IN OR OUT?
It’s settled: you’re getting married outside. Hooray! But before you start frantically checking BBC Weather, calm yourself: there is no way to guarantee you’ll be en plein air come 2pm on w-day. So how might it all unfold if there are dark clouds on the horizon?
“We make a final call with regards to weather one hour before the ceremony,” Sandra explains. “We have everything else ready and raring to go – seating, music, aisle runner and ceremony table for signing the marriage certificate – so there are no logistics to worry about that wouldn’t be the same for an indoor service.”
It’s a similar story at Rufflets. “Scotland’s weather can be incredibly fickle, but generally we’ll know fairly early in the morning whether or not a ceremony can take place outdoors,” says Louise.
“On the rare occasion it isn’t clear, our policy is to make a final decision no later than two hours before the wedding. This is mainly to allow suppliers and florists time to do the necessary styling. There are exceptions, of course, particularly for smaller groups, and we have moved ceremonies outdoors with as little as 15 minutes’ notice.”
And this strategy, though it needs more forward-thinking on the part of the venue staff, most likely won’t cost you any extra. “It is simply an either/or scenario,” confirms Sandra.
Is your heart breaking at the thought of not tying that knot outdoors? You might be wondering if it’s possible to chance the elements. That depends entirely on the kind of elements you’re faced with.
“If there is the slightest hint of rain, we need to move indoors – that’s because once the chairs are wet, they’re wet for the rest of the day!” says Rae. No one wants a soggy bottom.
Rain is getting a lot of airtime in this scenario, simply because it’s so disruptive, but there are other conditions to account for, as Rae explains: “If your aim is for an outdoor ceremony, I would suggest giving guests advance warning so they bring suitable clothing, such as a shawl or jacket for cooler days, or sun cream for those really hot afternoons.” Fingers crossed for the latter…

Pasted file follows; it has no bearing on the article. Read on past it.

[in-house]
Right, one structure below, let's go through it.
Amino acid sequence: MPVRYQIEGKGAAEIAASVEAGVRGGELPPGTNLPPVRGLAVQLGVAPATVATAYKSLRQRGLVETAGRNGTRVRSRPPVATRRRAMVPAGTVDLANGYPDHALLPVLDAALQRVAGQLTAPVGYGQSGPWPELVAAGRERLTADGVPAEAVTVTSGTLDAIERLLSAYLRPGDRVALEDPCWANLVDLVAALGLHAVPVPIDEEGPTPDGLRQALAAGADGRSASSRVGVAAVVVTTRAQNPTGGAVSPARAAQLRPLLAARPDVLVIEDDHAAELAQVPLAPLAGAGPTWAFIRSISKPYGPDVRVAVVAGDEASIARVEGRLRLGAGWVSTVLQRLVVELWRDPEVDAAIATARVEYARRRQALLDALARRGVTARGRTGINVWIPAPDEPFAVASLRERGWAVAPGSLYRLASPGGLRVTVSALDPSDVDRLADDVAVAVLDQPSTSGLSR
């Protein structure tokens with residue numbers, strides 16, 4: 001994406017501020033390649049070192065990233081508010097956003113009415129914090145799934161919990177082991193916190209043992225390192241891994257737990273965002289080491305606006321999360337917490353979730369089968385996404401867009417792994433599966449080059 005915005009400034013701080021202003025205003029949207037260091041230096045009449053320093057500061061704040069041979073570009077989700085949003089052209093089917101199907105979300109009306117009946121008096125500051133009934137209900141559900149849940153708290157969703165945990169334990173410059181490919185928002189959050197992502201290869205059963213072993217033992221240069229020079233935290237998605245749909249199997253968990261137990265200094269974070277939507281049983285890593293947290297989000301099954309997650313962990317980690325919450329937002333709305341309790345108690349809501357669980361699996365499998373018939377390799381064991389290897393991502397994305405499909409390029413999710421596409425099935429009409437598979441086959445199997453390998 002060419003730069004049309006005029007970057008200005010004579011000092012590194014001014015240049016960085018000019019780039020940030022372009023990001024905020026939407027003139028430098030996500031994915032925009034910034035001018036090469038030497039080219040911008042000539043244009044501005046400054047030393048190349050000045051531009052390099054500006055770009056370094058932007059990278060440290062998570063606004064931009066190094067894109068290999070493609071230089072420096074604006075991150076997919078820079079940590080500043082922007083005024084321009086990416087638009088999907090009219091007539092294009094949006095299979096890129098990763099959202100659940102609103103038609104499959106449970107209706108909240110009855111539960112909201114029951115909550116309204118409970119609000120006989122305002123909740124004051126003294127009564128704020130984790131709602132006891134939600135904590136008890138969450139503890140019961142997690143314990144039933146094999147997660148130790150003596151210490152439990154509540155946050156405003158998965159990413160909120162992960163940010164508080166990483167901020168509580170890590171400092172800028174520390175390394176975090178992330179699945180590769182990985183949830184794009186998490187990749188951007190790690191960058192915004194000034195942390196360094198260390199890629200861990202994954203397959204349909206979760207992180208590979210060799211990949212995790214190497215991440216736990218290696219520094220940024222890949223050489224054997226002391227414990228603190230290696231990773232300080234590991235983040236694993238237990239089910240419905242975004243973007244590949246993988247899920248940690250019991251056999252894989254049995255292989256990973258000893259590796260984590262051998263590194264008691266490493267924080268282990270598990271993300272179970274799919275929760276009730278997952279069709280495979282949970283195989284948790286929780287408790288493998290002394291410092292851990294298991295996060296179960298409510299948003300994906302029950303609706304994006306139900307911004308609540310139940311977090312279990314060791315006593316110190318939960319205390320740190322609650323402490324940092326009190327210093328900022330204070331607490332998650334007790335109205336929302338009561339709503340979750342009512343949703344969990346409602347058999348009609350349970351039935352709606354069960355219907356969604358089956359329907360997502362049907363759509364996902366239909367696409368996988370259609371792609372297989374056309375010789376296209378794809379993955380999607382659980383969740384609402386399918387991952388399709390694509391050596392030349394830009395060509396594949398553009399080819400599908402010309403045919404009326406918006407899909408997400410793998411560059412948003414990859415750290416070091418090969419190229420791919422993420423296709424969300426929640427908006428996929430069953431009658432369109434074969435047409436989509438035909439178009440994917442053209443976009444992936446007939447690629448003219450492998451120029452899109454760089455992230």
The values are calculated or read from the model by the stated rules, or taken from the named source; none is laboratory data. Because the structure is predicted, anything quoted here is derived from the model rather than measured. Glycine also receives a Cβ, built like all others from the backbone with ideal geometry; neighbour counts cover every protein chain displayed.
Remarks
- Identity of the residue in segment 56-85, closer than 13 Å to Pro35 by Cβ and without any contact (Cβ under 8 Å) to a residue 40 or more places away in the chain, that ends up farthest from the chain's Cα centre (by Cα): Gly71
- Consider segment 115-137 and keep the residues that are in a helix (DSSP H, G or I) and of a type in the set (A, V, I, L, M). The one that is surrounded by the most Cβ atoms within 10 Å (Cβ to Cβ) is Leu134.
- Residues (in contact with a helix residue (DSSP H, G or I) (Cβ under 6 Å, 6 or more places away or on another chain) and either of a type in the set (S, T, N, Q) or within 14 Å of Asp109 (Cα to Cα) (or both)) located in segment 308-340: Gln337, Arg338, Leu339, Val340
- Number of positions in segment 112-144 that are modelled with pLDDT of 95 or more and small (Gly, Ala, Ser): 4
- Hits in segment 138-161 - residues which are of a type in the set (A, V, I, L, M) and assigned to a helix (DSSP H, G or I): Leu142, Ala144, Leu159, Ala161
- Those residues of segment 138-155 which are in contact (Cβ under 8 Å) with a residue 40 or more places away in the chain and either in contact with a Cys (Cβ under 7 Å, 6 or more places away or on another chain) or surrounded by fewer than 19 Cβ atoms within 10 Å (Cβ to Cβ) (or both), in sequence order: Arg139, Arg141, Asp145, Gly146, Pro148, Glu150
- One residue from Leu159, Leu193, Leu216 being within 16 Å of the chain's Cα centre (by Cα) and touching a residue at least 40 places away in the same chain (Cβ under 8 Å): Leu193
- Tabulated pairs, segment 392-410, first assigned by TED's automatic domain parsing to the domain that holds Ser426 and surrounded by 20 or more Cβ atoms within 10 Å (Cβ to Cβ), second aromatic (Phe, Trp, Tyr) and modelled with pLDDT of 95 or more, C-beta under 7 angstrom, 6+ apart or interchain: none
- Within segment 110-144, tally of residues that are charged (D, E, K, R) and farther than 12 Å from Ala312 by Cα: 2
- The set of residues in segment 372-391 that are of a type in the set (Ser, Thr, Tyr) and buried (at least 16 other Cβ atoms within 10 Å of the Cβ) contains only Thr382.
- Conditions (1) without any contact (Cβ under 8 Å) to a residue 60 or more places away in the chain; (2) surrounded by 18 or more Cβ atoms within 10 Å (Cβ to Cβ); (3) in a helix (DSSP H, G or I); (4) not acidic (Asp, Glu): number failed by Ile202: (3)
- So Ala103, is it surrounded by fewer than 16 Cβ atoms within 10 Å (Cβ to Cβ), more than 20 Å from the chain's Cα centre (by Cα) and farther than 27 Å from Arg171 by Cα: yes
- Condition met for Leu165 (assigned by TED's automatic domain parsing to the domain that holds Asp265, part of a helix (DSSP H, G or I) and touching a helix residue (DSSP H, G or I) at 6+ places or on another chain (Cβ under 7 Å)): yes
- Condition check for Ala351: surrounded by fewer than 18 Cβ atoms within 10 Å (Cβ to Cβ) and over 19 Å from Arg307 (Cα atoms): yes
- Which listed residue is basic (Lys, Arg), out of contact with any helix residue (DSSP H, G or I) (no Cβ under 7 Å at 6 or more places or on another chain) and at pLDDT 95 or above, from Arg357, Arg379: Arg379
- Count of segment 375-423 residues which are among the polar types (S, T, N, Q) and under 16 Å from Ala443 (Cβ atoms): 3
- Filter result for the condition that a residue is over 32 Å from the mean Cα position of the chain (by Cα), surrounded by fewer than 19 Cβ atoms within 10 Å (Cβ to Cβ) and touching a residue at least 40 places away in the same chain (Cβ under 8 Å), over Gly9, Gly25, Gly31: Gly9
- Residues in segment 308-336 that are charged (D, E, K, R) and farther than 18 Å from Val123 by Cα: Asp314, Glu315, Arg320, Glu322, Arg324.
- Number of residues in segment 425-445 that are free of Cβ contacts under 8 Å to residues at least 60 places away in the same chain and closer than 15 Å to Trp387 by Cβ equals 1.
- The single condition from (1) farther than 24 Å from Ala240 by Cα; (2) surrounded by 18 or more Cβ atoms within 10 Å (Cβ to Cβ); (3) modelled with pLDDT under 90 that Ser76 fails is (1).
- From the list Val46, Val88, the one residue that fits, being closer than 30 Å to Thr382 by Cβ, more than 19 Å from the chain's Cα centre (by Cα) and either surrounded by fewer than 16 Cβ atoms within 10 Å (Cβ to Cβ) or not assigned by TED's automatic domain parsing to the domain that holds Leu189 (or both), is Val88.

Spare a thought for your decor too. “Will candles stay lit and pedestals remain stable in a brisk St Andrews breeze?” Louise challenges. “There are lots of little extra organisational points that will come up with your co-ordinator. Thankfully, we’ve never had to abandon an outdoor ceremony completely – modern short-range forecasting apps are a godsend!”
Your service needn’t be the only part of the day to be staged out in the natural world. “If the ceremony takes place outdoors, the drinks reception definitely will as well,” says Louise.
“Guests at Rufflets make their way back up over the bridge from the Lower Garden to the lawns and terrace in front of the hotel for drinks and canapés. Even if the event is indoors, it’s also fairly common for hardy Scottish guests to have drinks outside!”
In fact, this point in the day is a real highlight at Winton. “Outdoor drinks receptions are very popular at the castle, and guests can take advantage of our croquet lawn and host outdoor games,” says Rae.
“One bride even brought a badminton set to keep her gang amused! Most drinks receptions are held on this lawn, but we’ve also had a few couples make use of the terraced and walled gardens, in which case we’d set up a few tables and chairs and a drinks station.”
Photography, too, is an obvious contender for the fresh air, especially when you happen to have an iconic tourist attraction right on your doorstep. “The view of Loch Lomond from our patios is spectacular,” beams Sandra. “We also have our jetty, which allows you to get right out onto the loch.”
Where might you get those mantelpiece shots at Rufflets? “There are some classic ‘Rufflets scenes’ that every photographer lays down when they work here,” says Louise. “The bridge over the burn, the gate at the West Lawn, and the endless horizon of the field across the road from the hotel. And we’re always excited when photographers manage to capture newlyweds enjoying a firework display after nightfall.”
“There are so many opportunities,” Rae chips in. “The terraced gardens are so colourful throughout the year: daffodils in March, cherry blossom in April/May, wisteria in May/June and summer blooms right through until October. There’s also the lake and its pier, while the quaint dell to the east of the castle has a fairytale feel to it, with a stream running through the centre.” Sounds dreamy…
Whatever your plans and however you make your commitment, embrace every single one of those 12 hours, come wind, rain, snow or hail. “If you want to enjoy the outdoors on your big day, accept that you’ll get a little windswept, and your dress and veil will pick up leaves and twigs,” says Louise. “It’s not the end of the world!”